Relevant and even prescient commentary on news, politics and the economy.

Michigan Lame Duck Legislature

The Republican controlled House and Senate has been largely busy passing bills in the few days left in 2016. This particular one caught my eye.

Michigan had put in place a new Unemployment System (Michigan Data Automated System or MiDAS) to help in detecting unemployment fraud. With the passage of Senate Bill 1008 by the Republican led House, $10 million is transferred from the Unemployment Contingent Fund to the General Fund to be done with in the General Fund as determined by the Republican held Legislature.

Just a little history; MiDAS was put in place (2013) by Governor Rick Snyder of Flint, Michigan fame to automate the system away from the manual process. The system sends out a series of questions, which the Unemployment Applicant has to answer picking from listed answers. There is no room for explanation. The claimants chosen answers from the list of answers are then loaded into the MiDAS data base and notification is sent to the former employer who then confirms the answers the claimant has listed in the system. If there is any discrepancy, MiDAS assumes the claimant has committed a potential fraud.

Another questionnaire is then sent to the claimant, which is also limited to listed responses. If you do not respond in 10 days, it is assumed a fraud has been committed as determined by MiDAS. A notice is “supposedly” sent out and the claimant has 30 days to answer. If no notice is sent out and the claimant does not answer, MiDAS assumes fraud and the issue goes to collections where just about anything can take place to collect the unemployment funds already given to the claimant. There is little or no human interaction throughout the process and little can be done to explain circumstance during the process.

The Michigan Unemployment Insurance Agency, partly at the request of the federal government and partly on its own, reviewed 22,427 cases in which a computer determined a claimant had committed civil fraud between October 2013 and October 2015 and found that 20,965 of those cases did not involve fraud. Unemployment Insurance Agency spokesman Dave Murray said on Wednesday. That’s an error rate of more than 93%.”

The $10 million will be transferred from the Unemployment Contingent Fund which had already grown by 400% after the MiDAS caused spike in fraud cases of which nearly all of them unfounded. Senate Bill 1008 is balancing the state budget on the backs of innocent citizens wrongfully accused of false unemployment claims.

Governor Rick Snyder spent $47 million of taxpayer funds to install MiDAS which has been shown to be correct in determining fraud < 7% of the time. Rather than give the funds to those who were unjustly denied Unemployment Compensation by MiDAS, the Republican led Michigan legislature and Republican governor Rick Snyder are keeping much of it in the Unemployment Contingent (used to train workers and for rainy days) and will also transfer $10 million of it to the General Fund to help balance the budget. This is the same as using the additional Medicaid funding received from the expansion to balance the budget rather than set it aside for later years which would have kept Michigan from having to add to Medicaid funding till 2027. It too was used to balance the budget. By doing so in both cases, the Republicans do not have to raise taxes on the rich in income.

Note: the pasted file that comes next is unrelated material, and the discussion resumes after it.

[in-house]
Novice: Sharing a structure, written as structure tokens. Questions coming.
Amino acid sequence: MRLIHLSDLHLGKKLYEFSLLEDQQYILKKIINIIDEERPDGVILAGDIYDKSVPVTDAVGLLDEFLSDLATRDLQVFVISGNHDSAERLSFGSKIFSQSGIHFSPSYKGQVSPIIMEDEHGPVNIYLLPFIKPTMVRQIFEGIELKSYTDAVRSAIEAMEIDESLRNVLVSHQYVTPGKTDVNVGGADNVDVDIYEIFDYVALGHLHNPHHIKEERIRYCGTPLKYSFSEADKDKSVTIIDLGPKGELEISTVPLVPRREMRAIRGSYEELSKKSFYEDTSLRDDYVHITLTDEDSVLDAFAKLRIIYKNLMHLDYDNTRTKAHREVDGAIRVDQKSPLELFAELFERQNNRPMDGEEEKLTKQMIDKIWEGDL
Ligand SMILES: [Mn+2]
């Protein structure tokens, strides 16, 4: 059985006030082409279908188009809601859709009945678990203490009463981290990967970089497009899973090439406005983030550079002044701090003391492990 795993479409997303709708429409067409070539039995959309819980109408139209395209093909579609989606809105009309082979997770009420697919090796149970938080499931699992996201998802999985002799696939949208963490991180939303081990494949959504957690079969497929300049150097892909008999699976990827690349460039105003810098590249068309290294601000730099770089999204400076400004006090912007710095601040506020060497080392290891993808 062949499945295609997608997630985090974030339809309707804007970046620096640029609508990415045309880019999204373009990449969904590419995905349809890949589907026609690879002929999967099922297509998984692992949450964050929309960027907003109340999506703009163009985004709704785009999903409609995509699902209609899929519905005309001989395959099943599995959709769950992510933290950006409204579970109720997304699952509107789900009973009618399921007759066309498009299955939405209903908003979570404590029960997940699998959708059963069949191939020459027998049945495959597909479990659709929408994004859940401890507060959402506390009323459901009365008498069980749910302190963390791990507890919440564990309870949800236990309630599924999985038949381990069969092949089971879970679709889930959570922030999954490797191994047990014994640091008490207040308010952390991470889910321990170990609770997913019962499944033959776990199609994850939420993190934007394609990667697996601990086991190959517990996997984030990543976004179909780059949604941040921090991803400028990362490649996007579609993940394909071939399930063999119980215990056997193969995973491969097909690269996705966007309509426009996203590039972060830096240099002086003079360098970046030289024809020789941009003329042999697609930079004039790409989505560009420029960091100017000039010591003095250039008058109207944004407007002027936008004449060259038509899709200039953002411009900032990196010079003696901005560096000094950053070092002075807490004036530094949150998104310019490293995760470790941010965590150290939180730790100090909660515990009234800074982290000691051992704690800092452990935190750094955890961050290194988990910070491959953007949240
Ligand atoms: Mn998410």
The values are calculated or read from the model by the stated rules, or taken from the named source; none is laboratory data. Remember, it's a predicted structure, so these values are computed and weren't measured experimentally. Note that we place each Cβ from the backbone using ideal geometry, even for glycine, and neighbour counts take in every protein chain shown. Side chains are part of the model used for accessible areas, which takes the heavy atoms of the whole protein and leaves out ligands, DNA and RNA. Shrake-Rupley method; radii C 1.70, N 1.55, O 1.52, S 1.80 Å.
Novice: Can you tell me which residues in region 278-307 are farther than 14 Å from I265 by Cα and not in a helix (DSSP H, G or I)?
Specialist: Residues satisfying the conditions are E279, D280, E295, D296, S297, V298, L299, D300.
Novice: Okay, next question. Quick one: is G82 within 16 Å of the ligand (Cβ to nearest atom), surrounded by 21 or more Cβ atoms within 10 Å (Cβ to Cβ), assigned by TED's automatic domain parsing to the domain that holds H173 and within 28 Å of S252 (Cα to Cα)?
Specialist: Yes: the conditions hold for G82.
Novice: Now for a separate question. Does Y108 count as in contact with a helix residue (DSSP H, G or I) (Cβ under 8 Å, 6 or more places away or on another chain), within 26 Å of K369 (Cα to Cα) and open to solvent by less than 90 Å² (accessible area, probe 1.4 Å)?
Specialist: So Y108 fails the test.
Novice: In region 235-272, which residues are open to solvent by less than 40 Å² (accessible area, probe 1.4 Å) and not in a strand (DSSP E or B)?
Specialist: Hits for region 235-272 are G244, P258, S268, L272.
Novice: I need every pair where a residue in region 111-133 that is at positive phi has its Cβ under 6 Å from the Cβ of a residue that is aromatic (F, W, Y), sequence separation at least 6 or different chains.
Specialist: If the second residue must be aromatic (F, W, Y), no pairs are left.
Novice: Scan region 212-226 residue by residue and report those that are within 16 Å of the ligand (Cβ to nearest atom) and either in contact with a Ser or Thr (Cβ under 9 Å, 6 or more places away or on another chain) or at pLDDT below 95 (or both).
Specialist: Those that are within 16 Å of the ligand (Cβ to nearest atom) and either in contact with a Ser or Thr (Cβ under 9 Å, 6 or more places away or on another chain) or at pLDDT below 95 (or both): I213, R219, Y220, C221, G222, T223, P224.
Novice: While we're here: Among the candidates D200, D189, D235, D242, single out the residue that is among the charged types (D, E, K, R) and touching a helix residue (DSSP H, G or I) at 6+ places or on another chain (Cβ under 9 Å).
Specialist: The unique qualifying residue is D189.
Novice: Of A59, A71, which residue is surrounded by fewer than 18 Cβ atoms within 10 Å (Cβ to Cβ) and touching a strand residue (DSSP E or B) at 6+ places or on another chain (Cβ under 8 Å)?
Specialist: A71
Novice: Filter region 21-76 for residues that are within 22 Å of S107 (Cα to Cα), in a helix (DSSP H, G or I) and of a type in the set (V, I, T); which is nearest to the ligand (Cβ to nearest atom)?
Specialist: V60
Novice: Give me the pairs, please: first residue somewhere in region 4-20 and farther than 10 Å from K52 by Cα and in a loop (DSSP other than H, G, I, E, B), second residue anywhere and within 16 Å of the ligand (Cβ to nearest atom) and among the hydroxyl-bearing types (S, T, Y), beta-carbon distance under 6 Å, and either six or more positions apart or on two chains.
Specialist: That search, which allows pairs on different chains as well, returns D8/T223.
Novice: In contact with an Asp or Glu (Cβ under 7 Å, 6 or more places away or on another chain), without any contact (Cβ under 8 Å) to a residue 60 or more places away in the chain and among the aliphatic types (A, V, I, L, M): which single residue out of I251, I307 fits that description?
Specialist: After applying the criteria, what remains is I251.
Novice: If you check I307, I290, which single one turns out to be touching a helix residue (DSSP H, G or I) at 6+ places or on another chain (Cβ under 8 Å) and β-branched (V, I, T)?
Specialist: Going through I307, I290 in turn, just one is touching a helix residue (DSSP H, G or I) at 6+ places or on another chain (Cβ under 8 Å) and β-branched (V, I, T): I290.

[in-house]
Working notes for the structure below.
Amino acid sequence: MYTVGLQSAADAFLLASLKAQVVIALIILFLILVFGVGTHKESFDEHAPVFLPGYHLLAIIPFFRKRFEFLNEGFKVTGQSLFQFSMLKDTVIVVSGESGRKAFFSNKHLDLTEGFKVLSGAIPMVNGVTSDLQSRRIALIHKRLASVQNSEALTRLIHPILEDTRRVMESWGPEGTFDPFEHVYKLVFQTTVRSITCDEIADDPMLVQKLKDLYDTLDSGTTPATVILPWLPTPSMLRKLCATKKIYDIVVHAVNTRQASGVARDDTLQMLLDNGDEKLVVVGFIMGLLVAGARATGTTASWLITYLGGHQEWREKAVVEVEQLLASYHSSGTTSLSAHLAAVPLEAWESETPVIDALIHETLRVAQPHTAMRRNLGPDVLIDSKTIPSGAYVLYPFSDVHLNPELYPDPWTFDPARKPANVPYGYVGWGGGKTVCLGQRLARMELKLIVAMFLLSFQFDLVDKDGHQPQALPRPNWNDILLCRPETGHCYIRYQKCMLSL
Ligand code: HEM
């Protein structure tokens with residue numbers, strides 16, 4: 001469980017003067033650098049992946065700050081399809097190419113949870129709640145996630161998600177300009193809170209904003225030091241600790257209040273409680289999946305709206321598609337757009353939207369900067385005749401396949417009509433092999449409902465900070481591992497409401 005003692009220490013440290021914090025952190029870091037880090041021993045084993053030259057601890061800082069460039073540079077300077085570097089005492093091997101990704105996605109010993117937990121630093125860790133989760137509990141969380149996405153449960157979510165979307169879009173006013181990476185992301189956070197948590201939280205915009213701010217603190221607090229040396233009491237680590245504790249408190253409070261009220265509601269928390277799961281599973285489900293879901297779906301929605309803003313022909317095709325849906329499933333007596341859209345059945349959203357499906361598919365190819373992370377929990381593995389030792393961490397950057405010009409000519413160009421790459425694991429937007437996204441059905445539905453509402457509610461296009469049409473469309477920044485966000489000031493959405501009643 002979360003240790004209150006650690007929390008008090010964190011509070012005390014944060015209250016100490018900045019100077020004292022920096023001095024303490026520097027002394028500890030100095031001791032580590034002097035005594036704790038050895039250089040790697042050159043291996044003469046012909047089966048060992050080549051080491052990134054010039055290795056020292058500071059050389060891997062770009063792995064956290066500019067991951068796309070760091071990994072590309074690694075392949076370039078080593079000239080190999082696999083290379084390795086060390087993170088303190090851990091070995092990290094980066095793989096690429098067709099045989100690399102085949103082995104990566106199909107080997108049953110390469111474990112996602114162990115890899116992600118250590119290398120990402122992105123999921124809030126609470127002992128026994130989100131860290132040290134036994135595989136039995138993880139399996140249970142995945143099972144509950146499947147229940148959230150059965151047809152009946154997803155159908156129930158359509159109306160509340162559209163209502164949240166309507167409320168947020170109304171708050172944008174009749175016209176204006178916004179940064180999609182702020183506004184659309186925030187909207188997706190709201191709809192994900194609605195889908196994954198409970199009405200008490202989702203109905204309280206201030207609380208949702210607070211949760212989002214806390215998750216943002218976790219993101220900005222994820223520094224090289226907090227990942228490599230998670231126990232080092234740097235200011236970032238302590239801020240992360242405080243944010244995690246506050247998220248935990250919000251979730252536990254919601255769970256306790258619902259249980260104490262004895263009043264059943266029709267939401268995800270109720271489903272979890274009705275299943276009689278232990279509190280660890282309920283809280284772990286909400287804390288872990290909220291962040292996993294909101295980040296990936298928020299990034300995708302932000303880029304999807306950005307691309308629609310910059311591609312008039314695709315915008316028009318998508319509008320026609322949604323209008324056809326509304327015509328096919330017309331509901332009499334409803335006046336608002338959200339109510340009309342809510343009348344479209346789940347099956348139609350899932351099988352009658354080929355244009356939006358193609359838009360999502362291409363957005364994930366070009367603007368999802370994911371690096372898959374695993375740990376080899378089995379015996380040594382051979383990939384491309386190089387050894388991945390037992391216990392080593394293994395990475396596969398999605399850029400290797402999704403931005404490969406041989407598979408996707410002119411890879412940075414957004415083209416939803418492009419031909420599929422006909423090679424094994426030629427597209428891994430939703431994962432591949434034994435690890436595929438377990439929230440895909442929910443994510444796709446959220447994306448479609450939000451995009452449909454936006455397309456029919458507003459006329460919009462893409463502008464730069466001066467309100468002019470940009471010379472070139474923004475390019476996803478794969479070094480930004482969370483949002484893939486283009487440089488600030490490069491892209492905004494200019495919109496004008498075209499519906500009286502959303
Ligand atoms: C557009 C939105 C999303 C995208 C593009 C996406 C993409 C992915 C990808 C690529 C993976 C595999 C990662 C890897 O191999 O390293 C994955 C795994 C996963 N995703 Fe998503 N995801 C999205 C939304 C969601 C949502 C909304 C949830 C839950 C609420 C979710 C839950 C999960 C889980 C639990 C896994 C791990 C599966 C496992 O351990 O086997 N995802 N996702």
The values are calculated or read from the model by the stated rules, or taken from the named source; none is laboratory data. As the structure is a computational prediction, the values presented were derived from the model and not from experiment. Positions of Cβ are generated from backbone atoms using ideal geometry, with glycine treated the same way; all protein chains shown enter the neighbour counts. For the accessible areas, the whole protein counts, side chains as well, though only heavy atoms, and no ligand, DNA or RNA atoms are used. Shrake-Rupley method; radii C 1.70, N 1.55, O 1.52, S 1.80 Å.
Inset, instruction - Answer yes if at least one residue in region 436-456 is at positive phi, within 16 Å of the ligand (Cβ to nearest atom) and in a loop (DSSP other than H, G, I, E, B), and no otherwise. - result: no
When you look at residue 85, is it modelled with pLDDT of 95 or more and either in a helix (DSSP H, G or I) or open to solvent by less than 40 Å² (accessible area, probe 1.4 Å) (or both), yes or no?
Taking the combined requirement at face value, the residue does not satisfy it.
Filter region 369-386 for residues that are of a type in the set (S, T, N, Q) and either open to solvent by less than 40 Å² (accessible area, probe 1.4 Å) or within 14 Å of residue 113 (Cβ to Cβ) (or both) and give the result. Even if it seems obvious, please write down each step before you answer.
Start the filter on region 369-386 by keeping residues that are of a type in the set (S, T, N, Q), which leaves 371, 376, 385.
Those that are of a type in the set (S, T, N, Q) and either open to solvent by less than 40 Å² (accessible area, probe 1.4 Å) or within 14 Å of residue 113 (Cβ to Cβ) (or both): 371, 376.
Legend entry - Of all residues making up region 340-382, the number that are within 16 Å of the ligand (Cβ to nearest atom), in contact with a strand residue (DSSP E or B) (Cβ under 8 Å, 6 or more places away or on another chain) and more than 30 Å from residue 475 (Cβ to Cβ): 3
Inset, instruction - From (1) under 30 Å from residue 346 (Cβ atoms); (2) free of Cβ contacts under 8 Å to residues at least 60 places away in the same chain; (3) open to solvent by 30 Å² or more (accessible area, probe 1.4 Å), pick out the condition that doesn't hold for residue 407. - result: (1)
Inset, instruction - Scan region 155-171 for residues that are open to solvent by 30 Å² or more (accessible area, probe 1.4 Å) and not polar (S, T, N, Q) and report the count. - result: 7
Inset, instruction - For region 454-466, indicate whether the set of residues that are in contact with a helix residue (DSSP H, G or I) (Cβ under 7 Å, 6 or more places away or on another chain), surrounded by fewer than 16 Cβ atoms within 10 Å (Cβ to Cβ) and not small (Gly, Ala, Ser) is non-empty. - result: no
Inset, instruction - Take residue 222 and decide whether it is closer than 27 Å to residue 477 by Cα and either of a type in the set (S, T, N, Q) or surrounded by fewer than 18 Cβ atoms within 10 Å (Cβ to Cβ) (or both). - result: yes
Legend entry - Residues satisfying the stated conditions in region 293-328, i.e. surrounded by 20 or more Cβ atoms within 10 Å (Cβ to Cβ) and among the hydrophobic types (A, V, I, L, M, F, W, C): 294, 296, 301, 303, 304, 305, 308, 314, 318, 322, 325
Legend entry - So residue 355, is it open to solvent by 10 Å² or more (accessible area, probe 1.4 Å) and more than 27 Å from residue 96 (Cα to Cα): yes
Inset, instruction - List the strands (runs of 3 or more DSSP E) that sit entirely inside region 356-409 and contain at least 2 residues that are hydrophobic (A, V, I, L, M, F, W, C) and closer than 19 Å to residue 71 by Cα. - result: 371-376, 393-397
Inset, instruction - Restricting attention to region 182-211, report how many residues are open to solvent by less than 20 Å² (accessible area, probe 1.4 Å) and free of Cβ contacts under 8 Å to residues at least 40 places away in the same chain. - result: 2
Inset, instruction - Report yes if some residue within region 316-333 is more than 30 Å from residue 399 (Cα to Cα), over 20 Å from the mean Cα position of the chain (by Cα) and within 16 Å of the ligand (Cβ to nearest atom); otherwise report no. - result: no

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Topical Comments and Open Threads

It appears many of the “Topical Posts”are being used to discuss anything and everything. It is important to keep to the main topic of the post. It also shows courtesy to the poster by being topical and not hijacking the post for other topics.

AB does have “Open Thread Posts where just about any Topic can be discussed. Please use them for this purpose.

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Just Rumor(s) Today in Detroit

- Chrysler Fiat sold the car division sans Jeep, MiniVan and Trucks to the Chinese. They also closed production on Chrysler 200 and Dodge Dart June of this year. It will be the first time Chrysler/Dodge have not had Cars if this is true. 200 (UF) and Dodge Dart (PF) never did met forecast so it closing down production for these two cars is not a surprise. Overall, cars were not a Chrysler strong suit. Trucks and Jeeps were followed up by MiniVans.

- Yazaki (Tier 1) in Canton Michigan supposedly laid off 150 at Corporate Headquarters which is about a 10% workforce reduction. Yazaki is about $20 billion in size and a Japanese company.

I heard it from pretty good sources; but, one never knows. We will have to see if it is real or not. I wonder if Trump/Congress will intercede for this one?

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“America Belongs to White Men”

A Leading Intellectual according to Trump’s Chief Strategist Steve Bannon and founder of the Alt-Right, Richard Spencer “We won . . . .” I am playing the entire newscast rather than just the abbreviated version of the speech which is popping up all over. Sorry about the commercial. This took place at Texas A&M at the same time the University was holding a Unity meeting

America

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Tom Price for Healthcare and Human Services